Selling a Home Purchased With Help to Buy

By James Brook FRICS on and updated on

We all know that selling a property can be a stressful experience, and this can be even more true when selling a home purchased with Help to Buy. Although you’re free to sell your home at any time, there are a few additional considerations when it comes to Help to Buy properties, particularly with the equity loan aspect of the scheme. Here’s everything you need to know to help the process run smoothly.

The Help to Buy equity loan

The equity loan is a key part of the Help to Buy scheme, making it easier for people to save the deposit needed to buy a property. With an equity loan, buyers could borrow up to 20% of the property’s value interest-free for the first five years (rising to up to 40% in London). This means they could buy a home with a more achievable 5% deposit and get a mortgage for the remaining 75%.

Do I have to pay back my Help to Buy equity loan before I sell?

While you can sell a Help to Buy property anytime, the equity loan must be paid back when you sell – or after 25 years, whichever happens first. Because the loan is an equity loan – a percentage of the property’s value rather than a specific fixed amount – the amount you owe will change in line with your property’s value. So, if your property has increased in value in the time you’ve lived in it, you’ll have to pay back more than you borrowed. On the other hand, if the value of your home has declined, you’ll pay back less. This makes getting an accurate, independent Help to Buy valuation essential.

Is it harder to sell a Help to Buy property?

While selling a Help to Buy property could be more challenging, this isn’t necessarily the case. In fact, if you’ve already paid off your equity loan, the sale will be just like any other transaction. If you still owe this money, however, the process can get more complicated because the Homes and Communities Agency (HCA), which administers the Help to Buy scheme, will need to get involved.

Even in this situation, the selling process will begin the same as any other property, with you appointing an estate agent and seeking buyers on the open market. However, when you accept an offer, you’ll need to notify the HCA via their agency, Target. This can be done via email ( or by calling 0345 848 0235. You’ll need to tell Target the amount of the offer you’ve received and confirm that you’ve instructed a surveyor to carry out a valuation.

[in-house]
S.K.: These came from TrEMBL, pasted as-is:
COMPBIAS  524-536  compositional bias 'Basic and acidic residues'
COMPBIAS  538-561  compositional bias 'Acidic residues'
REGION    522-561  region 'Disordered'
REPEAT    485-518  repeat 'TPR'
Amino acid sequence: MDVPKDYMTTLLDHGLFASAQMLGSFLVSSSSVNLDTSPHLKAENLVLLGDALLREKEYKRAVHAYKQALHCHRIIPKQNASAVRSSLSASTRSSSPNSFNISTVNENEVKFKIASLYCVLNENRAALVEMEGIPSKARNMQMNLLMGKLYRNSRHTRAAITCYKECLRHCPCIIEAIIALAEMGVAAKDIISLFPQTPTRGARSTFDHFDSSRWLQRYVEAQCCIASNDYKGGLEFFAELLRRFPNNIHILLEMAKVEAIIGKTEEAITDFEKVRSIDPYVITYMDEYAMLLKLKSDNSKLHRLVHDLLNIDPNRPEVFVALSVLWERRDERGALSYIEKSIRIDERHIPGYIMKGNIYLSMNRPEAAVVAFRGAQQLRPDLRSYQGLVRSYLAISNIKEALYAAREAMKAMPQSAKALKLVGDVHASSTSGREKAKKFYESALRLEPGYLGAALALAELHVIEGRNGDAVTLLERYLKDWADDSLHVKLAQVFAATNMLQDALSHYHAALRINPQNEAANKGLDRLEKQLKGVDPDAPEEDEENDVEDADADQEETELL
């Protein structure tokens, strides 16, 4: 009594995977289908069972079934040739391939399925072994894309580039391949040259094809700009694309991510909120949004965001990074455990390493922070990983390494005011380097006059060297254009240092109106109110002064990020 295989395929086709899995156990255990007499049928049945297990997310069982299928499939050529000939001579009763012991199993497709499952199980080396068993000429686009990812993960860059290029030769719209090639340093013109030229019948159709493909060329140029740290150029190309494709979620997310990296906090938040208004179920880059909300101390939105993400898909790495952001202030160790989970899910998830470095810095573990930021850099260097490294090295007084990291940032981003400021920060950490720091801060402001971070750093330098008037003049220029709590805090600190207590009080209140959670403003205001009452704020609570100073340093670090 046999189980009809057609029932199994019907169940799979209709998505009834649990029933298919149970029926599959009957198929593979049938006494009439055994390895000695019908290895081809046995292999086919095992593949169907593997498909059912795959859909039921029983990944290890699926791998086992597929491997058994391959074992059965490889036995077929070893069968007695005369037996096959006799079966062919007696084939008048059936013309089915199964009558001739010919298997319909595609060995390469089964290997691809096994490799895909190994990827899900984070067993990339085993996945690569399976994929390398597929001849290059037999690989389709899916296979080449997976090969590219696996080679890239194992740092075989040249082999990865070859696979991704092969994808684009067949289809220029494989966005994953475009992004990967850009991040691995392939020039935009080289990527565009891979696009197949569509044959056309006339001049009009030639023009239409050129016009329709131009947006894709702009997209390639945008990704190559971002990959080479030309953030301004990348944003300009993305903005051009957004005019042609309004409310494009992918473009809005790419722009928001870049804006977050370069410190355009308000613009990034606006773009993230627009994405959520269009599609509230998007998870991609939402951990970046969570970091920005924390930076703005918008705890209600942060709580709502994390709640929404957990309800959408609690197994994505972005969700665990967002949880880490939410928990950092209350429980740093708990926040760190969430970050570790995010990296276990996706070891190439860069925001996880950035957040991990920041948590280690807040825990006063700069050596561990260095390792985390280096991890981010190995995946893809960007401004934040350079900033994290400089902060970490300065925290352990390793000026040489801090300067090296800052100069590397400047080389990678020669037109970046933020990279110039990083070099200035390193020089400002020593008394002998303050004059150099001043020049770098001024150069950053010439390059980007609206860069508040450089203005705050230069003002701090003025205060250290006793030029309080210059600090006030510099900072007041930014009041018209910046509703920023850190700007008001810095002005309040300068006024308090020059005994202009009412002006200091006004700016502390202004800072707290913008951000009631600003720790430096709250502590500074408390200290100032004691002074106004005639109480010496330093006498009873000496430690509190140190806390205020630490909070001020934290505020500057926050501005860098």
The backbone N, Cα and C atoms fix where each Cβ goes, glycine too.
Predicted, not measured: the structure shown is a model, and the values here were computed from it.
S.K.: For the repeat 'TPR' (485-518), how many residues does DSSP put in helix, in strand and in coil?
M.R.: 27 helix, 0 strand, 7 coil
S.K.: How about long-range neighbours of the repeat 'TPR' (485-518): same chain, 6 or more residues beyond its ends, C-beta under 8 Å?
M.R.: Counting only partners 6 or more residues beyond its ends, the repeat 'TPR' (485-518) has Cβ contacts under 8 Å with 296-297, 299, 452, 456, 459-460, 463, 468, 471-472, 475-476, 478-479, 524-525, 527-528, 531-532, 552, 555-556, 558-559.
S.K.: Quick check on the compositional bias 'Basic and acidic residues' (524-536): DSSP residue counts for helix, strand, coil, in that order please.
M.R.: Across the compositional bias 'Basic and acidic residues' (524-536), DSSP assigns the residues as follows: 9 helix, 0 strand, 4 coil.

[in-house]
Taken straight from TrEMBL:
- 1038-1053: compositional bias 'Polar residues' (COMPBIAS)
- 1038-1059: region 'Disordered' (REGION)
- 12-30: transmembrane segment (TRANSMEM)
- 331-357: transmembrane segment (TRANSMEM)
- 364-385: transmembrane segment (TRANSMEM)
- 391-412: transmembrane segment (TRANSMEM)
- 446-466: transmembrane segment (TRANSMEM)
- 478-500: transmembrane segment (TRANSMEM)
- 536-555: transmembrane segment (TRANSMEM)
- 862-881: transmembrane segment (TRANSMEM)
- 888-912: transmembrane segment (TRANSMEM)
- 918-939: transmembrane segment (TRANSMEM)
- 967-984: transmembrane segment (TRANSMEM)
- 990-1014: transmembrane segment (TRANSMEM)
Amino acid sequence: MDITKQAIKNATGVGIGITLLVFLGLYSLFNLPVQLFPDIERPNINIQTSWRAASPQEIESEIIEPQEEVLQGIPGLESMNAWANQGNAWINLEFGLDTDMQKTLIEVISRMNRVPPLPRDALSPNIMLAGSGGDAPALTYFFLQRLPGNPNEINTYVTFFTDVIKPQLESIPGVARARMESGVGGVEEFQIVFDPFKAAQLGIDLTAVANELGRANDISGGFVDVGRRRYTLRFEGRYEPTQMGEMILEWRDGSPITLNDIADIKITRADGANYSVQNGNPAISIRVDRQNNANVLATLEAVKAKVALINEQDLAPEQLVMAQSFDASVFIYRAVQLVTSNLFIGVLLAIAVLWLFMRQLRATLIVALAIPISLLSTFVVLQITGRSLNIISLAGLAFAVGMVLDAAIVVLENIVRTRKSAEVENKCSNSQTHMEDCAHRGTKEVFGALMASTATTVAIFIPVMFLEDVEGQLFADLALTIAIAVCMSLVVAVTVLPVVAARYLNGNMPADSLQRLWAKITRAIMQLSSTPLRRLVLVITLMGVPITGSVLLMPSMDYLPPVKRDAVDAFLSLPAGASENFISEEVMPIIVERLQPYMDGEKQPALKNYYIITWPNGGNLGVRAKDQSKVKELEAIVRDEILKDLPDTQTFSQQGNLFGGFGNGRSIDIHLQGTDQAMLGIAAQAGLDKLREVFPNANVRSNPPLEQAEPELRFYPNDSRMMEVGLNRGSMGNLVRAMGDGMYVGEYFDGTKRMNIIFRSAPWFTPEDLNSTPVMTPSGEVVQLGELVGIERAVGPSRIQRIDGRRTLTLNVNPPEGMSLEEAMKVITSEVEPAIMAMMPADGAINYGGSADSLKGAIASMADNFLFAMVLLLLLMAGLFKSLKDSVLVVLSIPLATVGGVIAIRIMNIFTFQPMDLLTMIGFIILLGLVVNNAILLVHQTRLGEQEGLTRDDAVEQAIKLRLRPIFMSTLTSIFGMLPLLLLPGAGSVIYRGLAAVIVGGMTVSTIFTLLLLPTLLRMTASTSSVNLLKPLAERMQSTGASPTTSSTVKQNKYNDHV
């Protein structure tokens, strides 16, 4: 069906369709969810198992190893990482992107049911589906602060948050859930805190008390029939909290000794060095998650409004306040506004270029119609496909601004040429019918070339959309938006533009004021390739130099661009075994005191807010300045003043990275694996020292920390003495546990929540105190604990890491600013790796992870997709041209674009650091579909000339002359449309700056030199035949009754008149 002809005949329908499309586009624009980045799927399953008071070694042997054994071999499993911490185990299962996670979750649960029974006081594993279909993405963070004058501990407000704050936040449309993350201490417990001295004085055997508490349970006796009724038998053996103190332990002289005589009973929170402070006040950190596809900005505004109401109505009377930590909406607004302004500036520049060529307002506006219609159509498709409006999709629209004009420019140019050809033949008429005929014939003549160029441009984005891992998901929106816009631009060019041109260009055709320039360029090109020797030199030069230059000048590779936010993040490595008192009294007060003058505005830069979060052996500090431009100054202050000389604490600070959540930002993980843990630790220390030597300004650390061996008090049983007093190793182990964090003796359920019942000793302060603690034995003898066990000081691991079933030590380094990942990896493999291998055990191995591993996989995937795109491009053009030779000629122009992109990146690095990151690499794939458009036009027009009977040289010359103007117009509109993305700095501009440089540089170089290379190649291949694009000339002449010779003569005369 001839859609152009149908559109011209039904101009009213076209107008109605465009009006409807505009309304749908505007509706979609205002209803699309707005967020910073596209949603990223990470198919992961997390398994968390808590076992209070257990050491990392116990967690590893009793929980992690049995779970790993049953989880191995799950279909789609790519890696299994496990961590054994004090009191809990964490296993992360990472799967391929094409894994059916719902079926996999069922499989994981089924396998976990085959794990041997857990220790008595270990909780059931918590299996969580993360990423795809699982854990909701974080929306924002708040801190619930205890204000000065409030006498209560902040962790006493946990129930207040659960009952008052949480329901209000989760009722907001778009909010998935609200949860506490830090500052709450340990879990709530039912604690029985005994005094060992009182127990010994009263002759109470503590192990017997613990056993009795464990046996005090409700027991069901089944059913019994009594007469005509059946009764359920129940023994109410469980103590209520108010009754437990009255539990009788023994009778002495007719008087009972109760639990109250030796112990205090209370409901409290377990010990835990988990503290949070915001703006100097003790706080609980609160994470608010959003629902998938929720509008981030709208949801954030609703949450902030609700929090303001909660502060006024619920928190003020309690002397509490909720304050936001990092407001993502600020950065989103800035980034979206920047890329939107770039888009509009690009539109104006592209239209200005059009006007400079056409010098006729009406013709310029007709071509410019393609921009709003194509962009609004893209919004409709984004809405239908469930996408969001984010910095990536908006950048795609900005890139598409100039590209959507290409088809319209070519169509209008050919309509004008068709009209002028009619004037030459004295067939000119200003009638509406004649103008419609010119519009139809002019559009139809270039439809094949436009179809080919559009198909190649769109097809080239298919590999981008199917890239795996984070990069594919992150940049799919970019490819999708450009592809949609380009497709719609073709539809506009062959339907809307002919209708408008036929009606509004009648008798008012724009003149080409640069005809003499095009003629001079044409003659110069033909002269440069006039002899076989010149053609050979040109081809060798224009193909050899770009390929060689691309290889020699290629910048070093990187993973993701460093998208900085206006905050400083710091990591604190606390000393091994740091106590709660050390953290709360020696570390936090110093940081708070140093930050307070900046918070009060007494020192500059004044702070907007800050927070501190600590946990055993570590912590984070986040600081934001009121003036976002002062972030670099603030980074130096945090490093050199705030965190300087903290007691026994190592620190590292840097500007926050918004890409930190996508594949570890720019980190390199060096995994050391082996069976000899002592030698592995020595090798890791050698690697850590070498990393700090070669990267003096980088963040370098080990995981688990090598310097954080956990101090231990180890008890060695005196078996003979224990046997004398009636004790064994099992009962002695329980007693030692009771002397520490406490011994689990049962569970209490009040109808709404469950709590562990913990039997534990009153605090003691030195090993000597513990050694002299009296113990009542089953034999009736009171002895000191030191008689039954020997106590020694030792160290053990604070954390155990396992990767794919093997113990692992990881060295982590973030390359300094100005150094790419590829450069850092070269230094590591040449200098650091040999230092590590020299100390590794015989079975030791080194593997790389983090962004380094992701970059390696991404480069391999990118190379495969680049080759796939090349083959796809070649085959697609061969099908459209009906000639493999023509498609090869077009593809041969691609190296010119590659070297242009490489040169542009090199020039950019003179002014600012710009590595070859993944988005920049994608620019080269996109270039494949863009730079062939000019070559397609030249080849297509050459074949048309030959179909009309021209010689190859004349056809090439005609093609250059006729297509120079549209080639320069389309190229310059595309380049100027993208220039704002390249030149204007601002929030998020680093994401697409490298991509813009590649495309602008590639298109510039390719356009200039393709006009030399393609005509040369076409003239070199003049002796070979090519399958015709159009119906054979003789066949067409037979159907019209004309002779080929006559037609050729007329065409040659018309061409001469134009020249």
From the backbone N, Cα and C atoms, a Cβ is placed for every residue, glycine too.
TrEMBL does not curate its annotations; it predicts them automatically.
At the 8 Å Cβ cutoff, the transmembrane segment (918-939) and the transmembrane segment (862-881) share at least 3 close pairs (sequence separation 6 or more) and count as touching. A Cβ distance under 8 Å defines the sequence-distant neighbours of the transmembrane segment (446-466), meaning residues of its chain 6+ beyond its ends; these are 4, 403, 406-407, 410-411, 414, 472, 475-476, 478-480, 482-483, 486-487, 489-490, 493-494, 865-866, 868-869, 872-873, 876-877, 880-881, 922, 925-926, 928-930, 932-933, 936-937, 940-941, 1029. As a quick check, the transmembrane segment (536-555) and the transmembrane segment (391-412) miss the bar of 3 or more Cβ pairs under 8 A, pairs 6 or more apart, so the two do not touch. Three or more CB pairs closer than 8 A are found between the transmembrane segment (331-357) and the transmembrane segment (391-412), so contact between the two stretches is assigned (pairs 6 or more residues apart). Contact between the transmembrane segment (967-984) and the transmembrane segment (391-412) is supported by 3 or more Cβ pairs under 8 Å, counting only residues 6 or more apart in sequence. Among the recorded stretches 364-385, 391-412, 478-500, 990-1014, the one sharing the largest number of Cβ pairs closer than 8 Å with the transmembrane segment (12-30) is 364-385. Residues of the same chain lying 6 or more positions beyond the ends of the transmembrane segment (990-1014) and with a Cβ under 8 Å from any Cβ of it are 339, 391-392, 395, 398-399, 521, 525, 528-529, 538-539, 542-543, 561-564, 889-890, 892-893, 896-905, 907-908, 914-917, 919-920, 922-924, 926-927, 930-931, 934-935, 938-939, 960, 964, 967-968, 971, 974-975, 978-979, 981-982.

Target’s rules require everyone selling a Help to Buy home with an outstanding equity loan to have an independent valuation carried out by a RICS-qualified professional. Once the valuation has been completed, the results will be sent to Target, along with the offer you wish to accept and any necessary paperwork. Expect to pay an admin charge of £200 for this. Be aware that Target can reject a valuation, for example, if you don’t use a RICS-qualified surveyor or if reports are incomplete or incorrect.

Once Target has all the necessary information, the loan repayment will be calculated as a percentage of either the agreed sale price or the current market value, whichever is the highest. The amount you owe will be deducted at the time of sale.

Repaying a Help to Buy equity loan

You can repay your equity loan at any point, either in full or in part, a process known as staircasing. As the loan is interest-free for five years, it’s a good idea to try to pay it off within this period, as the costs could increase significantly after this if your home increases in value.

There are some rules around how you make repayments; most significantly, you must pay it back in increments of 10% of the property’s current value at a time. So, if you only took out a 15% loan, you would have to repay this in full as you’re not allowed to make a 10% payment followed by the final 5%, for example.

It’s also worth remembering that you’ll need to pay for a valuation each time you want to make a repayment. This will likely be in the region of £300-£800, depending on the property size.

What if my Help to Buy property has cladding?

When selling, you may require an EWS1 form or other confirmation that there is no cladding. If there is cladding this will pose difficulties – Target HCA will need to agree the surveyor who normally needs to be MRICS or FRICS and you will need clarity on if/when the remedial works are to be completed. If this is covered by funding schemes, there will be no costs to the leaseholder and once finished the property will be satisfactory (amongst other information). It can be very tricky to find a valuer to value a property with cladding, as Target HCA has very specific requirements to be able to sell.

The Novello Approach

As an independent team of RICS-qualified chartered surveyors, Novello is in the ideal position to help you navigate the Help to Buy scheme, whether you’re remortgaging, repaying your loan or looking to sell.

Our team of experienced valuers understand the intricacies of Help to Buy and will deliver an accurate, impartial assessment of your home’s current market value in a matter of days so that you can make informed financial decisions.

At Novello, we compile digital reports using the latest technology, enabling us to produce valuations efficiently and with pinpoint accuracy so you can be confident our impartial Help to Buy valuations are a high-value investment that meets all of the requirements set by Target.

Contact Novello today or arrange a free consultation for a cost-effective, reliable, and thorough service.

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